Henni didn’t necessarily want to abandon her home and family but couldn’t continue living a lie. When she uncovers the corruption of their Templemen her first instinct is to tell everyone so that they may all live in truth together. She has no choice but to flee her village though, when her attempts at discourse are met by a mob who’d rather stone her to death than hear an ugly truth that challenges their belief system.
You’re now a mother. Did the desire to tell a kind of fable come out of the wish to give a story to your young son, Charles?
For now he’s content flipping through the art and making up his own story, I do hope that when he’s older and has the appropriate reading comprehension, he likes it just as much. He may someday be a surly teen who finds everything I do hopelessly embarrassing but I hope the story will resonate with him.
I became a mother while working on “Henni.” I think the greatest impact on my writing was the perspective it afforded me of parental love, in a way it made the characters of Henni’s parents seem more monstrous. My parents are wonderful caring people who saw the child I was and encouraged me to express myself as an individual. Henni’s parents, by comparison, are of the type who wish to live through their child. [Henni’s father] Hedrik wishes her to be educated and expects her to scorn religious people (including her mother) as he does. Her mother expects her to be quiet and obedient, follow the Templemen no matter what they demand. They both love her deeply in their own narcissistic way, but fail to appreciate the person she is, as opposed to an extension of themselves and their ideological battle.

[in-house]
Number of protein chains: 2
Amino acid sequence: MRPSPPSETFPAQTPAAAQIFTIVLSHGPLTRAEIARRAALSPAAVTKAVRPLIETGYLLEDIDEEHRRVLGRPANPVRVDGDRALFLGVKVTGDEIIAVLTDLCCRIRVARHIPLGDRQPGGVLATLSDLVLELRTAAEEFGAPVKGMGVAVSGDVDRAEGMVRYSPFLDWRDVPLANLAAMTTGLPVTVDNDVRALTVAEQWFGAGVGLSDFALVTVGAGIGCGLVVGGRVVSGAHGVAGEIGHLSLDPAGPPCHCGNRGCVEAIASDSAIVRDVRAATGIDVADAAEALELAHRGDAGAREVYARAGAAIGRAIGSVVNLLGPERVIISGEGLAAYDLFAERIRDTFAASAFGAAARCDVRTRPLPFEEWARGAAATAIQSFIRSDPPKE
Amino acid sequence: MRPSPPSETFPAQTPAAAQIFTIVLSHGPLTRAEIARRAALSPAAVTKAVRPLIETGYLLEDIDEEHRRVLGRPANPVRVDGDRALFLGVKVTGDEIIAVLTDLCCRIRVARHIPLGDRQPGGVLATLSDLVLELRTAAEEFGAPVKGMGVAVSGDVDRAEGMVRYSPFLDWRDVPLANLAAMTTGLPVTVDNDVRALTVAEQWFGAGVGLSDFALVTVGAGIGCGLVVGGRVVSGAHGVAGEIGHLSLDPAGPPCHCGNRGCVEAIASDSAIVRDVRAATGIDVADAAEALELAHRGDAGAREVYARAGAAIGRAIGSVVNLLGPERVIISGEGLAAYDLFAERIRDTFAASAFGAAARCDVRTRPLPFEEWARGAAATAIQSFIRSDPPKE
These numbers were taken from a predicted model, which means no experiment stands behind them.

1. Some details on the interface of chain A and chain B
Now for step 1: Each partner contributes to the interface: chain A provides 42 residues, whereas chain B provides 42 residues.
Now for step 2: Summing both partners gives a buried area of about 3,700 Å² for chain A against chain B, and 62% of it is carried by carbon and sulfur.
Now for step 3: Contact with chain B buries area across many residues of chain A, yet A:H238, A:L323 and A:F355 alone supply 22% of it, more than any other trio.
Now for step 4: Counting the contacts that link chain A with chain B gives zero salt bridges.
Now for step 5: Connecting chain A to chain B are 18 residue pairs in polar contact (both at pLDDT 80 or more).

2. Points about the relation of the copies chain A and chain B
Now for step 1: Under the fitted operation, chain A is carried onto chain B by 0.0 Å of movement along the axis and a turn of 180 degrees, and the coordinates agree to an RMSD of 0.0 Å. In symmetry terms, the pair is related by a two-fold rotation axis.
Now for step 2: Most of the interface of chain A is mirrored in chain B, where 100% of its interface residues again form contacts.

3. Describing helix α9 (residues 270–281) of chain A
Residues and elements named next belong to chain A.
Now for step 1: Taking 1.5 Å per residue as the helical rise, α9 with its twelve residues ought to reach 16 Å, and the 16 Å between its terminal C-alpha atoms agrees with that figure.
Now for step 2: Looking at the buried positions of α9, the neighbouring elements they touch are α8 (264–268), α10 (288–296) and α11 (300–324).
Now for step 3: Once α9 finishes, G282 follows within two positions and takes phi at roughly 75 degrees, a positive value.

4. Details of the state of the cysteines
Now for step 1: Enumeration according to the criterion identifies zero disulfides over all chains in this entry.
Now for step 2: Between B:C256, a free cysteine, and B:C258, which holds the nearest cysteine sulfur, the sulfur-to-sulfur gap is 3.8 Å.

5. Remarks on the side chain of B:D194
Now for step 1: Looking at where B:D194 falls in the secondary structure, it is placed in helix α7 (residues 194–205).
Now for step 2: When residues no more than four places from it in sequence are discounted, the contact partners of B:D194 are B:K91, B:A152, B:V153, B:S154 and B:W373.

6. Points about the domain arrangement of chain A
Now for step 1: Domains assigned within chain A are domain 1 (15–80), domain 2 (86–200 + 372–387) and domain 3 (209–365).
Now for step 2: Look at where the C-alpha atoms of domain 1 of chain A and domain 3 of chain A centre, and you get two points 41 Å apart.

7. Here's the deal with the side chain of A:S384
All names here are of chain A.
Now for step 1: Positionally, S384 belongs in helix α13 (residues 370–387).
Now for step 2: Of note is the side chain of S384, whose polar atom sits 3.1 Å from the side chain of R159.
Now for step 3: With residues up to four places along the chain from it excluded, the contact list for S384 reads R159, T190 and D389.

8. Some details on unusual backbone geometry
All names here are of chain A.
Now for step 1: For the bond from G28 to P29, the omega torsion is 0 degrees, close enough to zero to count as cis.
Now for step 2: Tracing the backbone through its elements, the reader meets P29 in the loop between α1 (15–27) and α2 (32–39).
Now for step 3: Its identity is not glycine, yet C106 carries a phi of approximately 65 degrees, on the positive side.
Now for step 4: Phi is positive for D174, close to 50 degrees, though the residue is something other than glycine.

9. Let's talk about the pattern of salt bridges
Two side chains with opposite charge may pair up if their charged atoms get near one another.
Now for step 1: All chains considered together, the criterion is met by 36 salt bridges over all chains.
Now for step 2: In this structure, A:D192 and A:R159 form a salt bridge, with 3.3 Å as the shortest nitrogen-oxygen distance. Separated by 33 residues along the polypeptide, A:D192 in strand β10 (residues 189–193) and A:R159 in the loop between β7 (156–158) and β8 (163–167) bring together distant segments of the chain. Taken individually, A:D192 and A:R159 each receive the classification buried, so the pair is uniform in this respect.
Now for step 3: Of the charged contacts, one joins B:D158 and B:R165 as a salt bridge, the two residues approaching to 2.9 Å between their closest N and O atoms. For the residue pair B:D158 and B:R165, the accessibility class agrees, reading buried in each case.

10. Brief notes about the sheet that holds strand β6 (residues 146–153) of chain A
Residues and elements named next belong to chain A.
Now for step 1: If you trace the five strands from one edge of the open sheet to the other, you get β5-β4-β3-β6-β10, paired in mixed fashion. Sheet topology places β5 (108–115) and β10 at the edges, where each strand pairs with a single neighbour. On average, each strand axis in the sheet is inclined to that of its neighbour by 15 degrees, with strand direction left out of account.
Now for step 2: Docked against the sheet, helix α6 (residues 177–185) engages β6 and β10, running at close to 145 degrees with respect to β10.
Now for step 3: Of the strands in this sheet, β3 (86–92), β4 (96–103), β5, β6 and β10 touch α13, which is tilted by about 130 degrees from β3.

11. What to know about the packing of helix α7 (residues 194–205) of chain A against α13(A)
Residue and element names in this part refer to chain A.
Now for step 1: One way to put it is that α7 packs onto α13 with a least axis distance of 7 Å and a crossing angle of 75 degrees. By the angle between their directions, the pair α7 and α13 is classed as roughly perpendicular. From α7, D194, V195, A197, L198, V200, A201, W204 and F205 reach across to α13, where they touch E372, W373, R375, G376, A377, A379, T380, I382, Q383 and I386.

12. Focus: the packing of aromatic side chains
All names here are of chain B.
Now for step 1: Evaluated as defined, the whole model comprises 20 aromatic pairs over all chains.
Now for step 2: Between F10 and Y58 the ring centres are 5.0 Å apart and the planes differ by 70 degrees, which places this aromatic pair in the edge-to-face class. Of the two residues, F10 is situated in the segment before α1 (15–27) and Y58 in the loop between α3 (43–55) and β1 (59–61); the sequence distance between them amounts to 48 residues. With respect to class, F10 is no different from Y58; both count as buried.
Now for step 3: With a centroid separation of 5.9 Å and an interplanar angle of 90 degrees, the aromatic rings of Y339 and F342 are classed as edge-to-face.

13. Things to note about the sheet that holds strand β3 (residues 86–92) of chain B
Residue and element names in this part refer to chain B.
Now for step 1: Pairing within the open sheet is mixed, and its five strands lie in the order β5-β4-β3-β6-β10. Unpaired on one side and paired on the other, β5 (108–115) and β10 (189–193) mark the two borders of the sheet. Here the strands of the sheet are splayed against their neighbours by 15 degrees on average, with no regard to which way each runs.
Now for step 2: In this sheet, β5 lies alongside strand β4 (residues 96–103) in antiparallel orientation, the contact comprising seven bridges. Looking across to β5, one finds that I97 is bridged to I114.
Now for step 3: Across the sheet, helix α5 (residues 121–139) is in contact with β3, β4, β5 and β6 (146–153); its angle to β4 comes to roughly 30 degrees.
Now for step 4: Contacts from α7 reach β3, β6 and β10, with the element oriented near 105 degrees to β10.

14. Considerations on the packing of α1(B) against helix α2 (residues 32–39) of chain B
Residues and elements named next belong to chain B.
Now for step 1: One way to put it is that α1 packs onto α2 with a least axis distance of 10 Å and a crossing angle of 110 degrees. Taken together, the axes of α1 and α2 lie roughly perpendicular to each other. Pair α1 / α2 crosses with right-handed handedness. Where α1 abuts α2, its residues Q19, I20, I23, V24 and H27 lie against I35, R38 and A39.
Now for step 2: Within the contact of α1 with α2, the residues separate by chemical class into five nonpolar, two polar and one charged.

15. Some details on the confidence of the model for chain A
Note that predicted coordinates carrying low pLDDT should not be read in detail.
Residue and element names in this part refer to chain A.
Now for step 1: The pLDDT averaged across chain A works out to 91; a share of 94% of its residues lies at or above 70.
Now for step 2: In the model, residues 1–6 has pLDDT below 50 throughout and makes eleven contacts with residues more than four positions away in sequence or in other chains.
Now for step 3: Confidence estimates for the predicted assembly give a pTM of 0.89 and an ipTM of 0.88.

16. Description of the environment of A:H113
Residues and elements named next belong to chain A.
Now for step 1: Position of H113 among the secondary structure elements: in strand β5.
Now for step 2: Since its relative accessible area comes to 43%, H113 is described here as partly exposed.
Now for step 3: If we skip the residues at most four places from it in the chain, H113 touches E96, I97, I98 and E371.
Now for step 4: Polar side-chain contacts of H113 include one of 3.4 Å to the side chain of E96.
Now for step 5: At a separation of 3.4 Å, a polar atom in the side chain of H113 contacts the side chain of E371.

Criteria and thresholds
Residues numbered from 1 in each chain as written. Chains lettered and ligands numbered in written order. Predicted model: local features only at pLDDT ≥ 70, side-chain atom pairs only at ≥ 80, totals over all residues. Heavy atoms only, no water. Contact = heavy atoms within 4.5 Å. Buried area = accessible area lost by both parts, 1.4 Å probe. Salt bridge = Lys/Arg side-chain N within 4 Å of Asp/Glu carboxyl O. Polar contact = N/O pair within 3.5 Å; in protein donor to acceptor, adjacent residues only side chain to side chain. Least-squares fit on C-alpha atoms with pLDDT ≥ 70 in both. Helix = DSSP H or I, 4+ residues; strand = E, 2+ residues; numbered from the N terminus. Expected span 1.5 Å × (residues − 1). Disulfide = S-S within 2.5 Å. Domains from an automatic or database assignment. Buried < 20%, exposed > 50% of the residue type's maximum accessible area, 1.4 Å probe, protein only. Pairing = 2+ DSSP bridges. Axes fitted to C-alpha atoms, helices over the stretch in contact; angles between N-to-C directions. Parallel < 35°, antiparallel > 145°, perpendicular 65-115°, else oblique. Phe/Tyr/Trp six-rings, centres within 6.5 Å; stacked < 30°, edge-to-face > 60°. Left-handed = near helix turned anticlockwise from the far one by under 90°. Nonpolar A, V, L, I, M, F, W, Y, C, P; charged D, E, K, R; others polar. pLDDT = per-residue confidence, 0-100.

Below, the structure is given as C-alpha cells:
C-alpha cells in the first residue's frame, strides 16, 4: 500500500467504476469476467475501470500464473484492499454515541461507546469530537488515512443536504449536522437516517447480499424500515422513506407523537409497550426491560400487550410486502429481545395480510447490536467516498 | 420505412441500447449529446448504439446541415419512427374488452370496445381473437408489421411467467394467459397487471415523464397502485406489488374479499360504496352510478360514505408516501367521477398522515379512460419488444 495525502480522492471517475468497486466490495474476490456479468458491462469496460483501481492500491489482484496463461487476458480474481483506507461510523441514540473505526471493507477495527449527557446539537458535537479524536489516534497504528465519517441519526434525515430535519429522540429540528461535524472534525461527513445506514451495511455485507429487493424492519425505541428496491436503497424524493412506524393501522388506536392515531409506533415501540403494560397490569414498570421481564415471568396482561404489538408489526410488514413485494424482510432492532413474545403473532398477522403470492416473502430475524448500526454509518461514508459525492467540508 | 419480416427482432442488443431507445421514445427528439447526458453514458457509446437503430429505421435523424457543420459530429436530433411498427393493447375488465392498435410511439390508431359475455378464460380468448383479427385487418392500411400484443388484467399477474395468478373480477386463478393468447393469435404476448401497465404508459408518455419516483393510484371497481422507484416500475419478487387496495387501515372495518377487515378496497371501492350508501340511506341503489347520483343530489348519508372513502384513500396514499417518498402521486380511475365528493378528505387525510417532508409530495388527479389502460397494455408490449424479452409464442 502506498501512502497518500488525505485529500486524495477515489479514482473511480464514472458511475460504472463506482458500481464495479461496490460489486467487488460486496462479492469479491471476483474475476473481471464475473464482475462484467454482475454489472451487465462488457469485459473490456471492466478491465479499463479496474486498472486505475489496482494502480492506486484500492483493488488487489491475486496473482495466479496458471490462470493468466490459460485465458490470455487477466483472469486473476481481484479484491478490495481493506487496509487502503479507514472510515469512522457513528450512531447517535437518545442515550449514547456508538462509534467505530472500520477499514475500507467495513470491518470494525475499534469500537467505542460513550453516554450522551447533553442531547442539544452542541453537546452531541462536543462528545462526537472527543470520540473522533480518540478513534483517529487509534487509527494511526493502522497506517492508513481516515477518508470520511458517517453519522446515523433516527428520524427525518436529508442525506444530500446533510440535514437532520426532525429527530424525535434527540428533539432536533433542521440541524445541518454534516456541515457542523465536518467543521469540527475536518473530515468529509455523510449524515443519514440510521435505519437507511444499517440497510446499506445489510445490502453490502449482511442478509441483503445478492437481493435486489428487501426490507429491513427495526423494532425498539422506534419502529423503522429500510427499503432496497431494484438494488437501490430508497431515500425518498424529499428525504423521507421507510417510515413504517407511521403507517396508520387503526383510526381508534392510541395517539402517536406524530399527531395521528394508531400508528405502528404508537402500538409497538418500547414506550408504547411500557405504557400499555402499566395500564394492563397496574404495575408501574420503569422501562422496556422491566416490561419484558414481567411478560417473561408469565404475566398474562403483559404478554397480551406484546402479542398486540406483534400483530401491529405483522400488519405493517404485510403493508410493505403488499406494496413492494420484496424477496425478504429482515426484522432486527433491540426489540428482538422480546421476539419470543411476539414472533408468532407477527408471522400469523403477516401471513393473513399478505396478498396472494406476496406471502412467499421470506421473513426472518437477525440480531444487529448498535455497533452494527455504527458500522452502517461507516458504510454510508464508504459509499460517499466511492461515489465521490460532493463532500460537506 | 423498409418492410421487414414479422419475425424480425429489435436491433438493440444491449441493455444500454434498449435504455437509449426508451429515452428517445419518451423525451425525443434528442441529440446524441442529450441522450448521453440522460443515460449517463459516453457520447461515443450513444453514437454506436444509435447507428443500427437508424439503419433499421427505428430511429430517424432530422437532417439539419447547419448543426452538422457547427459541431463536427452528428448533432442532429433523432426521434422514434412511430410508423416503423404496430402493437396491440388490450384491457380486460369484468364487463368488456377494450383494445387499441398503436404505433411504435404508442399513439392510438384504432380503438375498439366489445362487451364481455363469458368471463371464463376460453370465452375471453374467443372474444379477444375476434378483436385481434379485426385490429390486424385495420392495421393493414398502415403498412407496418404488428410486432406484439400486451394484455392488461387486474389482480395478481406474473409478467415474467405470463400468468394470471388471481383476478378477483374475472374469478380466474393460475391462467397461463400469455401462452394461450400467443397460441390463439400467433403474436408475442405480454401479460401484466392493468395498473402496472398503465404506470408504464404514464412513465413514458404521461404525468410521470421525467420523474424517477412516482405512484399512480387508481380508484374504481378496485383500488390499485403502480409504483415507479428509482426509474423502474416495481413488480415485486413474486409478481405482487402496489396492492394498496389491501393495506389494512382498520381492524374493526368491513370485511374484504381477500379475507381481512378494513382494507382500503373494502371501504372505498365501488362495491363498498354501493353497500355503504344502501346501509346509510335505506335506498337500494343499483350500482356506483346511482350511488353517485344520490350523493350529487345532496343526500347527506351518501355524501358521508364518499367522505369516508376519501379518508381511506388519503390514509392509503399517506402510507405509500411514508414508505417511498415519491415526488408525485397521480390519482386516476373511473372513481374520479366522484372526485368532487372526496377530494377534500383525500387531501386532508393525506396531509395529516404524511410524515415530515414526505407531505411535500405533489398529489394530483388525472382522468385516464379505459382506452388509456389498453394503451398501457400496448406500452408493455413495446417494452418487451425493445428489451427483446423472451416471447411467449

How much of Miss is there in Henni herself?
There is a parallel you can draw between our respective philosophies/world views. My distaste for organized religion, her doubts. but Henni hasn’t had the privilege of growing up in a comfortable liberal Jewish suburb, of reading what she wants or of having an outlet for her questions. She’s very naive, but you cannot fault her for that, given the isolated nature of her upbringing.
Henni carries some pretty damning messages around religion and women. Did growing up Jewish influence how you presented the belief systems in the book?
Although Henni is certainly critical of organized religion in general, it should be noted that it’s the inflexibility and suppression of reasonable debate that’s being condemned, not people’s harmless personal beliefs. That said, as someone who enjoys reading about comparative religion and anthropology, it’s striking how every culture/ religion seems to have their own unique excuses for treating women as property and subordinates, often masked in the language of respect and honor. Growing up I had friends from homes far more Orthodox than mine. The separation between men and women, the roles they were offered certainly didn’t escape my attention.
Is it also a stretch to say that the role the Disruptive One plays is a role that Jews have often played in society, as artists or performers who say and do what others won’t?
Though the “Disruptor” is blinded for creating secular art, she refuses to quit and switches to the medium of sculpture. She is the uncompromising artist, the one who can’t stop expressing herself no matter the cost. I suppose you could argue that the Jew, as the perpetual outsider, is in a unique position (similar to the Disruptive One) to comment on the mainstream of society.